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The KPAC Blog features classical music news, reviews, and analysis from South Texas and around the world.

Dublin Drag Orchestra by Way of Alternate Routes


Thanks to my Facebook friend Lauri Pearson for setting me up for today's Alternate Routes. Lauri is a real listener, a true fanatic of music who does the mid-day shift at Magic 105.3 FM. Although she and I do most of our listening within different genres (there's more overlap than most might imagine), Lauri's observations about music are almost always spot on.

Today she referenced a blog post by Bob Lefsetz where he describes himself as "famous for being beholden to no one and speaking the truth, [addressing] the issues that are at the core of the music business: downloading, copy protection, pricing and the music itself."

I browsed over to Bob's blog, The Lefsetz Letter, and did some reading within a post titled "Everybody Knows." Although I could never quite get the Leonard Cohen song by that title out of my mind as I read, I nevertheless distilled a few things as food for thought. Under the sub-heading "The sound of mp3s suck" he writes:

"People just don’t care. They don’t want to sacrifice portability. A higher res format will not succeed by telling people what they’ve got is bad, but by creating something so incredible people flock to it."

Bob goes on with a three part list: Everybody Knows, What Everybody Should Know, The Silver Lining. It's interesting and provocative reading, the sort of thing which makes me wonder what the world of music would be if the creators of the music and the performances were truly allowed to be creative.

Baseball Hall of Famer Yogi Berra once gave the directions: "When you get to the fork in the road, take it." I did and I found myself reading about a new record label called Heresy Records. Eric Fraad is the lead man at Heresy, and his concept is to work closely with the artists to produce a product which is "sophisticated, well thought out, idiosyncratic and memorable."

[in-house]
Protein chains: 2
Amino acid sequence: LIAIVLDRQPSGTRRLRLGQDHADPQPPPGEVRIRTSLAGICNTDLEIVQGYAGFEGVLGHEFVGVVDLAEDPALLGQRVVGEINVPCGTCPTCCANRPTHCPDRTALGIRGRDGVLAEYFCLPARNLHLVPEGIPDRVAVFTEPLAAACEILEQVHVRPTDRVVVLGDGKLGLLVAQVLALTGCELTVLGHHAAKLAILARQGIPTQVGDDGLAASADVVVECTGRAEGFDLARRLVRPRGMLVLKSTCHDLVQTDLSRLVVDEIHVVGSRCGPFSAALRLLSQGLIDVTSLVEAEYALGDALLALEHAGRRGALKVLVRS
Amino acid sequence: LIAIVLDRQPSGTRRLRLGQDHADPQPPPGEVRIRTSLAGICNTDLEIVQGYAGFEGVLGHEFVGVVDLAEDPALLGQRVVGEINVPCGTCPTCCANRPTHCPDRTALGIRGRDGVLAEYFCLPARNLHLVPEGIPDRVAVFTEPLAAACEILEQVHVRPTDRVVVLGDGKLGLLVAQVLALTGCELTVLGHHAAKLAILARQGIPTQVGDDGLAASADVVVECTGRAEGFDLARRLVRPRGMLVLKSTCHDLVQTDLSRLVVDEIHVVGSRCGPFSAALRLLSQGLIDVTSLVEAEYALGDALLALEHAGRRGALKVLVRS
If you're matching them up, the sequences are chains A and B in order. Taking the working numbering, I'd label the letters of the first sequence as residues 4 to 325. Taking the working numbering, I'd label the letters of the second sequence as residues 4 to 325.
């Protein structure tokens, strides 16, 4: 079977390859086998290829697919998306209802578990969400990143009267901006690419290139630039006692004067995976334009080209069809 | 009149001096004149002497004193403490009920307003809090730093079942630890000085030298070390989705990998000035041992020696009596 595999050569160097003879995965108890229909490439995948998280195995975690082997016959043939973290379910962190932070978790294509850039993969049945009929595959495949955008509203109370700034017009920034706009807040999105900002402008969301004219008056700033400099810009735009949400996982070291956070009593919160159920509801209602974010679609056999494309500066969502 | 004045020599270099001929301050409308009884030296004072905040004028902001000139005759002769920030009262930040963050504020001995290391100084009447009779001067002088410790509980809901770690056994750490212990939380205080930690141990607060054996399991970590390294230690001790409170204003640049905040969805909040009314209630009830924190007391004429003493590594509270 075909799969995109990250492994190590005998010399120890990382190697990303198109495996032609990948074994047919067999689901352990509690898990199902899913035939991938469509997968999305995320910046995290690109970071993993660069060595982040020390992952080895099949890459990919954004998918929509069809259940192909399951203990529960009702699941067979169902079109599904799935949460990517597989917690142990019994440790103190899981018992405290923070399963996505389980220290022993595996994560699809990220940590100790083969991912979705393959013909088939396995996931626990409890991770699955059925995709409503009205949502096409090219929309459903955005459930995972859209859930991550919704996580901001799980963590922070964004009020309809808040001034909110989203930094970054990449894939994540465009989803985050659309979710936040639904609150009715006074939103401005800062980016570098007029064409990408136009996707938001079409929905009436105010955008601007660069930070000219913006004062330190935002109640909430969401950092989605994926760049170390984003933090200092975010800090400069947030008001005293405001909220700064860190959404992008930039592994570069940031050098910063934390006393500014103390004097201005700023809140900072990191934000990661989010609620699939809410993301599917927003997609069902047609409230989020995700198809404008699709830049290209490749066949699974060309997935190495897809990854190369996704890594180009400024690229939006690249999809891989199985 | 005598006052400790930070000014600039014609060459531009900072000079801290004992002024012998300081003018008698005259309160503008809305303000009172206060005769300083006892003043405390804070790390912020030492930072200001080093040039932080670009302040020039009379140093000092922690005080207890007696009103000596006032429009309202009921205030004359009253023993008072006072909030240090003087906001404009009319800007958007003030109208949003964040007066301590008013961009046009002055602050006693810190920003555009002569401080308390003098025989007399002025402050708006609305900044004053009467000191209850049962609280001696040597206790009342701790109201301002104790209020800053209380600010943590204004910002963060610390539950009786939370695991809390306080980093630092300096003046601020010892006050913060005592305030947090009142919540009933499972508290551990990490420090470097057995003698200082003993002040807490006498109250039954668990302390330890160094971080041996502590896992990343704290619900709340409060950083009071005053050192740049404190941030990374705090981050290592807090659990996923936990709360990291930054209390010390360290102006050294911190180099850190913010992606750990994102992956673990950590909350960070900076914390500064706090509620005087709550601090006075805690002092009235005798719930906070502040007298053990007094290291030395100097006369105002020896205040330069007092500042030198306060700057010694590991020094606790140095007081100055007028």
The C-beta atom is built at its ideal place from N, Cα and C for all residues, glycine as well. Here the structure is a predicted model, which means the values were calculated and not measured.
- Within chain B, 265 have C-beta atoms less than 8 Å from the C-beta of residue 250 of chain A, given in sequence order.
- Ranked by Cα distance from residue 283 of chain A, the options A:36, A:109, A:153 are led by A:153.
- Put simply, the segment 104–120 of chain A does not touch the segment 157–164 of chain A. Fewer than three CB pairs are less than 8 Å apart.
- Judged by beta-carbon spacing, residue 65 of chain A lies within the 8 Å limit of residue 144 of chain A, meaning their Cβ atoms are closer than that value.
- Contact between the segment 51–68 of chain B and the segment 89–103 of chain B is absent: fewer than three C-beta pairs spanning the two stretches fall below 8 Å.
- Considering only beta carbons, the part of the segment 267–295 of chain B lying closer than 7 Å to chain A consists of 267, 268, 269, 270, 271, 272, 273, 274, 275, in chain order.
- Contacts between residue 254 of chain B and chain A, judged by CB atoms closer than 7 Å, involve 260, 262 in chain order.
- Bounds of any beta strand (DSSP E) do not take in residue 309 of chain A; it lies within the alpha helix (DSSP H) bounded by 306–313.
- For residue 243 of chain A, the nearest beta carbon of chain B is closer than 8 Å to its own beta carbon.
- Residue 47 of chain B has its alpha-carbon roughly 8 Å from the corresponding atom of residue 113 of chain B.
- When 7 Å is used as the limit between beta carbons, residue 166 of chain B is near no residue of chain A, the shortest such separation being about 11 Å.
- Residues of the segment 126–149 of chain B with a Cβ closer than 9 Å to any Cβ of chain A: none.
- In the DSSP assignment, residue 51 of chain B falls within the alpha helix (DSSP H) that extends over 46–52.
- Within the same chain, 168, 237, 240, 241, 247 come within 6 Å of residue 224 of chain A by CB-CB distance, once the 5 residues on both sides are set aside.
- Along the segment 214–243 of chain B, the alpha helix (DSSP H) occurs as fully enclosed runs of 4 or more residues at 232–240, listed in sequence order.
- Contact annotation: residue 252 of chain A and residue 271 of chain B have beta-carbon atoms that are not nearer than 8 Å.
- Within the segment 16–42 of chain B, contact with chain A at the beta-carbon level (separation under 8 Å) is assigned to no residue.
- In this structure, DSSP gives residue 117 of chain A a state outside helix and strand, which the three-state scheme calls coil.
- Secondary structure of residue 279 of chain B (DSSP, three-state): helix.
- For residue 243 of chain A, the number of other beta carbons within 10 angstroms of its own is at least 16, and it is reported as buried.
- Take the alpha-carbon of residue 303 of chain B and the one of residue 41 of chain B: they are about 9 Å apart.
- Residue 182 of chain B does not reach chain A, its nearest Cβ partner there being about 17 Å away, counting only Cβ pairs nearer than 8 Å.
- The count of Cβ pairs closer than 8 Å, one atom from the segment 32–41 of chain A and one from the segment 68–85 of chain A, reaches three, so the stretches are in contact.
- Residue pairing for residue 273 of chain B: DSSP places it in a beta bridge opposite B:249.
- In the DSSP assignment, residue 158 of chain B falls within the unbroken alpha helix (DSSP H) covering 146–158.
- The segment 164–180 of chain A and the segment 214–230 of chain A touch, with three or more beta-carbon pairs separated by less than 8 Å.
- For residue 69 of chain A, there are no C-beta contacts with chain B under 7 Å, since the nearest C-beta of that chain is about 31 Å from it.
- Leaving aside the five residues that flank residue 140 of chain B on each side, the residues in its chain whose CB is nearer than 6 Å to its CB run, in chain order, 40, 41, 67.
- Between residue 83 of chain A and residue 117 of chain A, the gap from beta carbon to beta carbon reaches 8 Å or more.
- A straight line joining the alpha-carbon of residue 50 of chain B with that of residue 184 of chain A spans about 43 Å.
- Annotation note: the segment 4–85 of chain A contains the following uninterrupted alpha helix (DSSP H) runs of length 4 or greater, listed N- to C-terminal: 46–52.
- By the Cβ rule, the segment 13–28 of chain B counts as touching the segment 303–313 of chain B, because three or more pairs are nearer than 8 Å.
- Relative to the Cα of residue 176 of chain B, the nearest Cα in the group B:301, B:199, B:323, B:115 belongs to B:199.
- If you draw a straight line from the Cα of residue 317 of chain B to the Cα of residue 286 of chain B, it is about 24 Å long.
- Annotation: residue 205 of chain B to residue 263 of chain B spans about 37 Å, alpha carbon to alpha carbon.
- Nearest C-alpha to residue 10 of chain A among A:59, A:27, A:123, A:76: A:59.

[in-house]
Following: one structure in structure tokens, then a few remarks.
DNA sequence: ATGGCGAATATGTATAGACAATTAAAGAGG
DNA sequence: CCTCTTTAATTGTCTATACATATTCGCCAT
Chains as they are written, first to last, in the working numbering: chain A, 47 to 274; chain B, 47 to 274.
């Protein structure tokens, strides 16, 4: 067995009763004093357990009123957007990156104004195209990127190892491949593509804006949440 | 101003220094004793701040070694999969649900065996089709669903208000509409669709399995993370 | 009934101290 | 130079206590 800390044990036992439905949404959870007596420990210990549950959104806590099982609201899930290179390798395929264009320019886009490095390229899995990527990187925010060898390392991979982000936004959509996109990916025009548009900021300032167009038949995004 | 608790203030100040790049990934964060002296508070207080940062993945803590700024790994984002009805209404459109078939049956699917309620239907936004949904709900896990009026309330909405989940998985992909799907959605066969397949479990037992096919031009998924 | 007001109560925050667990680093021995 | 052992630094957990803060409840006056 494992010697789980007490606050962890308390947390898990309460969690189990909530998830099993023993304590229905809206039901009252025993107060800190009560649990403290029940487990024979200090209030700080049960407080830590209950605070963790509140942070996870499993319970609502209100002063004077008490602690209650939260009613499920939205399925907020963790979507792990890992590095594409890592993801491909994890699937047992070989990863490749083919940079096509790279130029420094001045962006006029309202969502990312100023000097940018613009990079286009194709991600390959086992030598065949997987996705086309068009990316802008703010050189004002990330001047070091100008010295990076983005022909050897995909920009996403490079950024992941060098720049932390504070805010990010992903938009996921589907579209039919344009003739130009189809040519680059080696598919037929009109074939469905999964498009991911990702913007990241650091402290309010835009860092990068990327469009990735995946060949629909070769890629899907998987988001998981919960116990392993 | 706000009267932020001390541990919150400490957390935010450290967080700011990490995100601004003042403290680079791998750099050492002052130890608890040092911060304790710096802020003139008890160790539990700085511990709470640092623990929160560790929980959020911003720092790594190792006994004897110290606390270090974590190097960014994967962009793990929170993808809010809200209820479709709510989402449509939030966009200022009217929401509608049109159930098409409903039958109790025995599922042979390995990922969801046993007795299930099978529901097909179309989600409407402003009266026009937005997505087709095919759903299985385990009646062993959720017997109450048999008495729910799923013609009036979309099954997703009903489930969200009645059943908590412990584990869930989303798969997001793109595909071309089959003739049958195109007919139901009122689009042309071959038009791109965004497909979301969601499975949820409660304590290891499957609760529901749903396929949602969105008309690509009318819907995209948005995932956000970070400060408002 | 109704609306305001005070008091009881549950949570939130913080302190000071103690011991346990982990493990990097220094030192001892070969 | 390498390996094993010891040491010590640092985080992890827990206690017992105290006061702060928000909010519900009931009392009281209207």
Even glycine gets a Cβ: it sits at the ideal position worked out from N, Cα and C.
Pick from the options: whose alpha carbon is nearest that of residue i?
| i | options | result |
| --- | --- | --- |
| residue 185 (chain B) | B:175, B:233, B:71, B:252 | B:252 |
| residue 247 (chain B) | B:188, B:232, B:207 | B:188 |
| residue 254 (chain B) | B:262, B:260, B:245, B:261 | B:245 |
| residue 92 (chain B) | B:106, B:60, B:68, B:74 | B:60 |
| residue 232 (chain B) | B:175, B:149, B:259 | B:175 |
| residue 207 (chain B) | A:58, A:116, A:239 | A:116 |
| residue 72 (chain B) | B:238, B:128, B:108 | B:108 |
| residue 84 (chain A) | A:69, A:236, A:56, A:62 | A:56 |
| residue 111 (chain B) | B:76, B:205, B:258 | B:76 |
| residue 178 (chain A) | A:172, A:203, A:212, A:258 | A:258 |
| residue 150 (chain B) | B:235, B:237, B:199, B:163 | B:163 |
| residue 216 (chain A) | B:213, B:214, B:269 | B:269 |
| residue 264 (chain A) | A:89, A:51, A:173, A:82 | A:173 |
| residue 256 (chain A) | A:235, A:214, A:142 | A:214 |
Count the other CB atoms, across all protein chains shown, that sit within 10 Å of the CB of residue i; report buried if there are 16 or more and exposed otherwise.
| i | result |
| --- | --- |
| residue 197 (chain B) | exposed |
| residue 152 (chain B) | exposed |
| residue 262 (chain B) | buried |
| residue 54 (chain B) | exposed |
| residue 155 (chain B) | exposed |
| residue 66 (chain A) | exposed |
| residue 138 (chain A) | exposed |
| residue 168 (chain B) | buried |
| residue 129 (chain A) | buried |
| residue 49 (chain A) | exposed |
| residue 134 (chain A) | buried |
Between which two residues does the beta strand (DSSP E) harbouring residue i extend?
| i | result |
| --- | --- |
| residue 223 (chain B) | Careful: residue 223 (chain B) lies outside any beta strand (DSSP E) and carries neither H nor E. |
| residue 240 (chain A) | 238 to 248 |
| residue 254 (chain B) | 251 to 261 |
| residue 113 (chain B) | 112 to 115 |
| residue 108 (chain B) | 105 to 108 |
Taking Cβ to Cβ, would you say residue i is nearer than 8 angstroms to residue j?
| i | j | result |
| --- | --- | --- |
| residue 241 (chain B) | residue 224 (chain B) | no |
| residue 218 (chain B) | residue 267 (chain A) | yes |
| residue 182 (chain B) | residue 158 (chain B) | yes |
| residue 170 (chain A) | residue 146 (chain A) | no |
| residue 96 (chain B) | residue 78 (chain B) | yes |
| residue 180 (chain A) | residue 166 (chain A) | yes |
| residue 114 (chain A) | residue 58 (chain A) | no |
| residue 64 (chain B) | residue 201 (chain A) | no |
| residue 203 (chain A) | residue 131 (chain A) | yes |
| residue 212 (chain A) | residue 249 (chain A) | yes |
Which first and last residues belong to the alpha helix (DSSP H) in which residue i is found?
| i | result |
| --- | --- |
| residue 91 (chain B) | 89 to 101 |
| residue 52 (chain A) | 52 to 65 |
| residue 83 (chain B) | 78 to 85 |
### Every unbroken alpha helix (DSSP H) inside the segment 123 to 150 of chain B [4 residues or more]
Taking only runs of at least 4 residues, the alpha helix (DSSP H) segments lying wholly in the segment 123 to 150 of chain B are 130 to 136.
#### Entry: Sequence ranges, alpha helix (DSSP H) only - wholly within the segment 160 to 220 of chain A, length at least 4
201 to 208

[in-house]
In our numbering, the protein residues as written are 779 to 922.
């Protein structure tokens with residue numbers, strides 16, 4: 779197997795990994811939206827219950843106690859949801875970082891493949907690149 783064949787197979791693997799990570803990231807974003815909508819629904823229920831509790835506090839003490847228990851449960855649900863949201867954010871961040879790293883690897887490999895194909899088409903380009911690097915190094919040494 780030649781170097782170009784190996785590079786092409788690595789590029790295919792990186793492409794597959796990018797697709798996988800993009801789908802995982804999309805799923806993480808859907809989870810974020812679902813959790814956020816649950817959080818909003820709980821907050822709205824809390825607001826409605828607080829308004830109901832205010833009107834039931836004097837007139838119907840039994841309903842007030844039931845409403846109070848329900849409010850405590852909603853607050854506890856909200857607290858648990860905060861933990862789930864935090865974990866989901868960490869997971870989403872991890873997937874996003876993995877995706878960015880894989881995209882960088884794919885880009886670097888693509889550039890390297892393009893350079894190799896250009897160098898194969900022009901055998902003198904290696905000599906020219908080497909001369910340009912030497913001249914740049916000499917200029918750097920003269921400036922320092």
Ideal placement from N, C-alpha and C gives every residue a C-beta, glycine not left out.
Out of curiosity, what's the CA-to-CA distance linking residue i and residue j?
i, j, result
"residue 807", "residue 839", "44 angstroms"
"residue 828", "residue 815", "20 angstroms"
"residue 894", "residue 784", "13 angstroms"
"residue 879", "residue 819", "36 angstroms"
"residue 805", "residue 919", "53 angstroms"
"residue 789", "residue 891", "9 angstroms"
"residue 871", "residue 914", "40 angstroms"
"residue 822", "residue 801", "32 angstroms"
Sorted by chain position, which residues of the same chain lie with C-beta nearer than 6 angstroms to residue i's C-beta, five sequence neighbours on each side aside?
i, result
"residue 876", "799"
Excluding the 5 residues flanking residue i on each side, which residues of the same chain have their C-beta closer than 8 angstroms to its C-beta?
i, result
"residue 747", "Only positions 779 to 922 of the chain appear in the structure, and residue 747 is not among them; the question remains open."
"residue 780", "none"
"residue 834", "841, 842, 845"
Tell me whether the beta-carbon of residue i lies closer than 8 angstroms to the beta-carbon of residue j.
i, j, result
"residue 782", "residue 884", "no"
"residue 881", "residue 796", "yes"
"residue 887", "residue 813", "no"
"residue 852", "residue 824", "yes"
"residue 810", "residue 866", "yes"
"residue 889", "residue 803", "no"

"We decided to create the most elegant product we could – the audio is high resolution, the vinyl is the heaviest we could source and the printing for the graphics and photography use special inks," said Fraad.

Whoa! Vinyl? Mr. Fraad was describing a project of two limited edition vinyl issues by the Dublin Drag Orchestra, DDO for short and hip. Deja vu all over again! (I flash back to Yogi and also to the earlier reading of Bob Lefsetz. Bob's advice to bands is: don't make albums, make singles.)

Credit Heresy Records

Now I'm looking over Mr. Fraad's DDO project. The latest consists of two vinyl singles, just out for the holiday season. Heresy's description piques my curiosity: "two special limited edition 7" vinyl Singles for the holiday season, 'Christmas 1912' and 'One Minute to Midnight, New Year’s Eve 1912.'" Limited edition means only 500 copies of each. When they're gone, they're gone. I don't know about you, but I'm ordering mine (before I publish this and let you in on it!).

I've rather enjoyed these alternate routes which have revealed Heresy's DDO projects; down one route I've found a double CD which includes 5 Latin American tracks on the disc "Viva Frida!" This is mostly 17th Century music from Mexico, perfect fuel for my Latin American program: "Itinerarios." I've ordered that, too, so listen for it soon on the radio.

I'll close this before that next fork in the road, but first one more note from Bob Lefsetz, which I hope provides some food for thought as we near the year's end:

"With so much stimulation at hand, few want to be outsiders, alone in their bedroom honing their chops. Everybody wants to be famous. Music has become about marketing as opposed to talent, and the public can tell the difference."

Happy Holidays. Please take the time to check out DDO and Heresy Records. You'll notice some differences. At least I did.

James first introduced himself to KPAC listeners at midnight on April 8, 1993, presenting Dvorak's 7th Symphony played by the Cleveland Orchestra. Soon after, he became the regular overnight announcer on KPAC.